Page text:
Not that I think it was the Loch Ness or anything like that. I mean I was under water, and swimming in salt water, so it could have been clouding my vision. The salt water is hard on my eyes and it always takes a while to adjust and for the initial sting to go away. Yet, it wasn’t the usual life in the water, like a seal or an otter. It certainly wasn’t a whale. And it was absolutely not a jelly fish or an octopus. It was….well, I don’t know what the heck it was! That’s the problem.
I’ve never felt uncomfortable swimming in Puget Sound. I love the salt water, the cold invigorating temperature that snaps a person right to attention, just in case one was tempted to fall asleep as if in a nice warm bath. That will never happen in the waters surrounding the Puget Sound. Yet, in the same vein, one will never encounter a strange, large, unidentifiable…what should I call it?…a sea creature. Right?
There I was with the only other people on the beach being the neighbors who were out wake boarding. I new if I panicked I would most likely drown so I swam strong and steady, straight to shore. At one point I know it touched my leg. It was that leathery feeling of a dolphin, but I knew that wasn’t what it was.
I’d swam out to our boat buoy simply for someplace to swim to. It’s quit a ways but that’s the point. I’m always trying to challenge myself and get a little exercise. On that particular day, I decided to wear swim fins, something I don’t normally do, but am so grateful I did. It’s amazing how fast a person can swim wearing those fins.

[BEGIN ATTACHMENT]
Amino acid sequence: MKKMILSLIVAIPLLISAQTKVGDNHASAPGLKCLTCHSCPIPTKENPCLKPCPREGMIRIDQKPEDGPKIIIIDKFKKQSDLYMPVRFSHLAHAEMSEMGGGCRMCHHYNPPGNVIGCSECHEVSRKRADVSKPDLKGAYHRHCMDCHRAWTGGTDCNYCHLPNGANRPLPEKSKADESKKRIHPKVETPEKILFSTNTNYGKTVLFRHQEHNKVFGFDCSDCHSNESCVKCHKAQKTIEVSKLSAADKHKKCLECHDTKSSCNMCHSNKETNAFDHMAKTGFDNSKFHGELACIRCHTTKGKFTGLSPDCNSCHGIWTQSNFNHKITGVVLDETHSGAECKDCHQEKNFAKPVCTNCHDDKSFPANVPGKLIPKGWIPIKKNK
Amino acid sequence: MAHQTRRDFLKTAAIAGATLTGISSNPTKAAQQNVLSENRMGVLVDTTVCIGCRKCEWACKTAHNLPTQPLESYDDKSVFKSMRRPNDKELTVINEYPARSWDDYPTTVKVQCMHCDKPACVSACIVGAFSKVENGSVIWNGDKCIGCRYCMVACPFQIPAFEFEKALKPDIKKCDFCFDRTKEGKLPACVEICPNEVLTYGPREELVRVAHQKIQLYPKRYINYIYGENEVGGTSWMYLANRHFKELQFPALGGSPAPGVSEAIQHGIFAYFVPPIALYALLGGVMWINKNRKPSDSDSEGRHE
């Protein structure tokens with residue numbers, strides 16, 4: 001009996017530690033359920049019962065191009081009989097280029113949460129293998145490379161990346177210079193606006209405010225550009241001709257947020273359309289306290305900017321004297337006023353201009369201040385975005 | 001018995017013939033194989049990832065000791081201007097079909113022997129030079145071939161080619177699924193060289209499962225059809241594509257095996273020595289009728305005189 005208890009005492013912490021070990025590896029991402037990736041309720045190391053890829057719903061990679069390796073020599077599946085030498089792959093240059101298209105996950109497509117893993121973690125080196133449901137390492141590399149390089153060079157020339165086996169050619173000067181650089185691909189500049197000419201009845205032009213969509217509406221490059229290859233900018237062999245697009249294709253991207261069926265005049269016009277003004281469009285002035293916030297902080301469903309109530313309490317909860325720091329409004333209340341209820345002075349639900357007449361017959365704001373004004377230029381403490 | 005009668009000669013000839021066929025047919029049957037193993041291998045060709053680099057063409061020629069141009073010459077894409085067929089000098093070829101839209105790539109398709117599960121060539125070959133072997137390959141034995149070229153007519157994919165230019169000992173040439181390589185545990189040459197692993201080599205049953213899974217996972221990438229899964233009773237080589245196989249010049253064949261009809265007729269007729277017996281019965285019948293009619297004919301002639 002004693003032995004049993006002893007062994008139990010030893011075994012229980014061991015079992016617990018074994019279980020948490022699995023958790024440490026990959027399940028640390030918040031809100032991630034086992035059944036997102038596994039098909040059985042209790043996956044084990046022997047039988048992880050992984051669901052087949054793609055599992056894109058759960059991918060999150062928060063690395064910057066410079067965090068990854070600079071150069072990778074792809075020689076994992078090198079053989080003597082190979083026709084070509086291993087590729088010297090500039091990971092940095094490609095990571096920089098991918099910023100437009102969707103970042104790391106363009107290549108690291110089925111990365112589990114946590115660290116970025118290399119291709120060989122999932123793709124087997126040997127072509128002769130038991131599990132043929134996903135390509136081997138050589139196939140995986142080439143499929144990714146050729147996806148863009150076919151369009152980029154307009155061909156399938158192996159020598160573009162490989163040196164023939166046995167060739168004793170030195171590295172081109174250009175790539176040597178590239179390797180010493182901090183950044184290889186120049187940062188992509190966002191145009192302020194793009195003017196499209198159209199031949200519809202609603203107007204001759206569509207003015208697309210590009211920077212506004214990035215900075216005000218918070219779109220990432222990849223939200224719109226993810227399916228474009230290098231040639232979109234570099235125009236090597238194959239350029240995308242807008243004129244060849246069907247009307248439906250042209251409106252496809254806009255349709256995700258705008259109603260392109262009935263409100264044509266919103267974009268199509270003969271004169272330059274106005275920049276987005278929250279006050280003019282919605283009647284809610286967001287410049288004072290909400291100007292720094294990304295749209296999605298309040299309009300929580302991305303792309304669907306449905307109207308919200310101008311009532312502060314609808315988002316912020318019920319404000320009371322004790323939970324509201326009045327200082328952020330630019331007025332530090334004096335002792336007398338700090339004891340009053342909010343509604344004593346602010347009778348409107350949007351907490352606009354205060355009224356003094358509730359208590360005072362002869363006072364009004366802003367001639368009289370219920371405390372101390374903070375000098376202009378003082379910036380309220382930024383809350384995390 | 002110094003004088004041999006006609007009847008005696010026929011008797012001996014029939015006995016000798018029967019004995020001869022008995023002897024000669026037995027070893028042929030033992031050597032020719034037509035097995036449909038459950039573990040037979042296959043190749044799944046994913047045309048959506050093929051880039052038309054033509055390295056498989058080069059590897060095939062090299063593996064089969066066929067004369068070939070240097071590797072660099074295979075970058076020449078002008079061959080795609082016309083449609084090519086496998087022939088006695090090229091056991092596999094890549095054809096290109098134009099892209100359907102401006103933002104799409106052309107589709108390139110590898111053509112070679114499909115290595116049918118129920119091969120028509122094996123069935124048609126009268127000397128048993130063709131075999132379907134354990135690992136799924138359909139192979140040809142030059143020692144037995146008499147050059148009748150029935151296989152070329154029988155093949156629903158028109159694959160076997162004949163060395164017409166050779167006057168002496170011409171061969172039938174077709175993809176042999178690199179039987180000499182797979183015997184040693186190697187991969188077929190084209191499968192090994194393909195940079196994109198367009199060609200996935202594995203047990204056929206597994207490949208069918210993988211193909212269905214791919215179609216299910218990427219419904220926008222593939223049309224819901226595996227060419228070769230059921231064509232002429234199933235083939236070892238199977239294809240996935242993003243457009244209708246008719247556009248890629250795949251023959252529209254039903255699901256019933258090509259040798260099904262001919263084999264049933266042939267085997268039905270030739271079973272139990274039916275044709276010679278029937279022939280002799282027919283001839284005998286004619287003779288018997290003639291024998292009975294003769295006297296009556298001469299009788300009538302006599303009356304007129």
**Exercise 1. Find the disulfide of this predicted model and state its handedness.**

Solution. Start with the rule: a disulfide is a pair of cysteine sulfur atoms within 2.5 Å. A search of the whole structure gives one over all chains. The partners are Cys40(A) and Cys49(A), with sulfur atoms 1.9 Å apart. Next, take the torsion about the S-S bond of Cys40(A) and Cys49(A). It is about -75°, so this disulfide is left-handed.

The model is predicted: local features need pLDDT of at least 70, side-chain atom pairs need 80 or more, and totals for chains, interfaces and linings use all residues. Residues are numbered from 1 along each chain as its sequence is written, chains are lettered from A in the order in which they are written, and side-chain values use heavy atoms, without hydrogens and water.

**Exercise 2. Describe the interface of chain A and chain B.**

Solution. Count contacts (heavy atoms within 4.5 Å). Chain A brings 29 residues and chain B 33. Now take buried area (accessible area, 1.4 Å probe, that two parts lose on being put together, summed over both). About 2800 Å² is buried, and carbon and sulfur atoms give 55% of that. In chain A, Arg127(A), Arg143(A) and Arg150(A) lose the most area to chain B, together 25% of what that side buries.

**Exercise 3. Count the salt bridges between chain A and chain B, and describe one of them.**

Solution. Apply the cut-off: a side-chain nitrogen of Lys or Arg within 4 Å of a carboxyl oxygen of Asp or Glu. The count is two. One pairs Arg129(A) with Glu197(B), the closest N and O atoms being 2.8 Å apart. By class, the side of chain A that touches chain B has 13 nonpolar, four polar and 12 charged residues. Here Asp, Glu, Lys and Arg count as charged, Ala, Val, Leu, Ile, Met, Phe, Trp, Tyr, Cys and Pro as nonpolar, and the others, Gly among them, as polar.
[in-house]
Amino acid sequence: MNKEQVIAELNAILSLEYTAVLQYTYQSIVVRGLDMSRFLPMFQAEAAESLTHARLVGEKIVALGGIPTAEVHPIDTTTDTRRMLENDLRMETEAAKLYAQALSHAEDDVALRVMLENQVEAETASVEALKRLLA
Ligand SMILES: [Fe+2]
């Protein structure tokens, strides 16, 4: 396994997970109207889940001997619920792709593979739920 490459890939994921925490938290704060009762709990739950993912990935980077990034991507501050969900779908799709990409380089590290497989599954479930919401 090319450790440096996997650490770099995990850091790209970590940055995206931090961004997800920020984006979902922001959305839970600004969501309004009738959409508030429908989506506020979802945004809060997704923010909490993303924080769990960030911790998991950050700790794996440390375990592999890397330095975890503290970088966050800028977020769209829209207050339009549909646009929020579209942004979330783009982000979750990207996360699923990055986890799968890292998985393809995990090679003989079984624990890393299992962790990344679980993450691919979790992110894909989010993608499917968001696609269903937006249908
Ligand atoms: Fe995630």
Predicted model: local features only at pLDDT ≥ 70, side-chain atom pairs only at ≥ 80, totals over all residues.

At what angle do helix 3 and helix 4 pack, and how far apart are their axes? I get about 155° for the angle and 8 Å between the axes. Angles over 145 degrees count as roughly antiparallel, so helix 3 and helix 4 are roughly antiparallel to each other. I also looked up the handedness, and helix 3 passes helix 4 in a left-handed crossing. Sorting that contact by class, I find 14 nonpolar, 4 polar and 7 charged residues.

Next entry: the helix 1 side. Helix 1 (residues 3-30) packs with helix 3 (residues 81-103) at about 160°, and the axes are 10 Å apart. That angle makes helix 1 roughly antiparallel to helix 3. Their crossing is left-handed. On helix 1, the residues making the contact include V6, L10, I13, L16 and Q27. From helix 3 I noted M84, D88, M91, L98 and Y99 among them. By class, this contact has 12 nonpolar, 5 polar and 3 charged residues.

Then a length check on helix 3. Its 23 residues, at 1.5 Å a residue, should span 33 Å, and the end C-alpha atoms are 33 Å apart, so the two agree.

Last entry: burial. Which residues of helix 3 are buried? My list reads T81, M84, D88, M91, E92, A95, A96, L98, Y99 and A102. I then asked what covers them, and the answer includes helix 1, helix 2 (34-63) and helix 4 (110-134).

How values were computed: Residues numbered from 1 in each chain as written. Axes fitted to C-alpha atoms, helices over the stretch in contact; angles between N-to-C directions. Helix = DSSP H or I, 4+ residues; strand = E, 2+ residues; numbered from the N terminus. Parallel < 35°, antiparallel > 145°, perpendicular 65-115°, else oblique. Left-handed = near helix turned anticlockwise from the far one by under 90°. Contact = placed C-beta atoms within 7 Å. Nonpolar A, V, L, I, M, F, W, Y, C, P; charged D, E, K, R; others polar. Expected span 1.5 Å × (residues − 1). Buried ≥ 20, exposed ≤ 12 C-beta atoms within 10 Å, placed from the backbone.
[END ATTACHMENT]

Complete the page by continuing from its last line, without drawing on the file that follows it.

Anyway, I got to the buoy, noticing how covered the line was with mussels, when something black and very long swam past me. It gave me the creeps. I didn’t normally see anything but possibly a seal in the distance. Nothing ever came close. I almost screamed but decided to save my breath and get to shore, telling myself it was probably nothing more than an otter or a seal. No more than thirty seconds later I felt it behind me. I spun around in the water and came face to face with…I don’t know what. It’s head was at least the size of mine but the neck was very long. It was towering over me and had solid black eyes that scared me to death. This time I did scream.
The creature flipped it’s head backward and it’s whole body followed. It had short arms as an alligator has and as it rolled backwards it exposed a bright red underside. The tail alone was at least as long as me and it was thick, slapping the water hard when it came down.
It was all I could do to aim for shore, close my eyes, and swim with everything I had. I knew if I saw it again, I’d be paralyzed. Somehow, I made it. I stumbled out of the swim fins and ran up the beach, scrambled over the pile of logs and threw myself over the bulk head onto our little patch of lawn. Then I collapsed onto the grass and tried to calm my heart by breathing steadily and slowly. I turned my eyes to the water watching for the creature to show it’s head again, but it never did.
When I pulled myself together and thought I could talk, I went to the neighbors to wait for their boat to return. Soon they came back, swinging a wake boarder close to the swim platform. I waved and they came close to shore. I’d stopped crying and felt somewhat composed so I asked if they’d noticed something odd swimming around out there. They hadn’t. I said I’d maybe seen something weird, like, I didn’t know what, but not anything normal. They smiled and then laughed like I’d told a good joke and went back out to wake board. I didn’t try to stop them.
After all, who knows what it was that I saw? One things for sure; I’m not going back out there any time soon.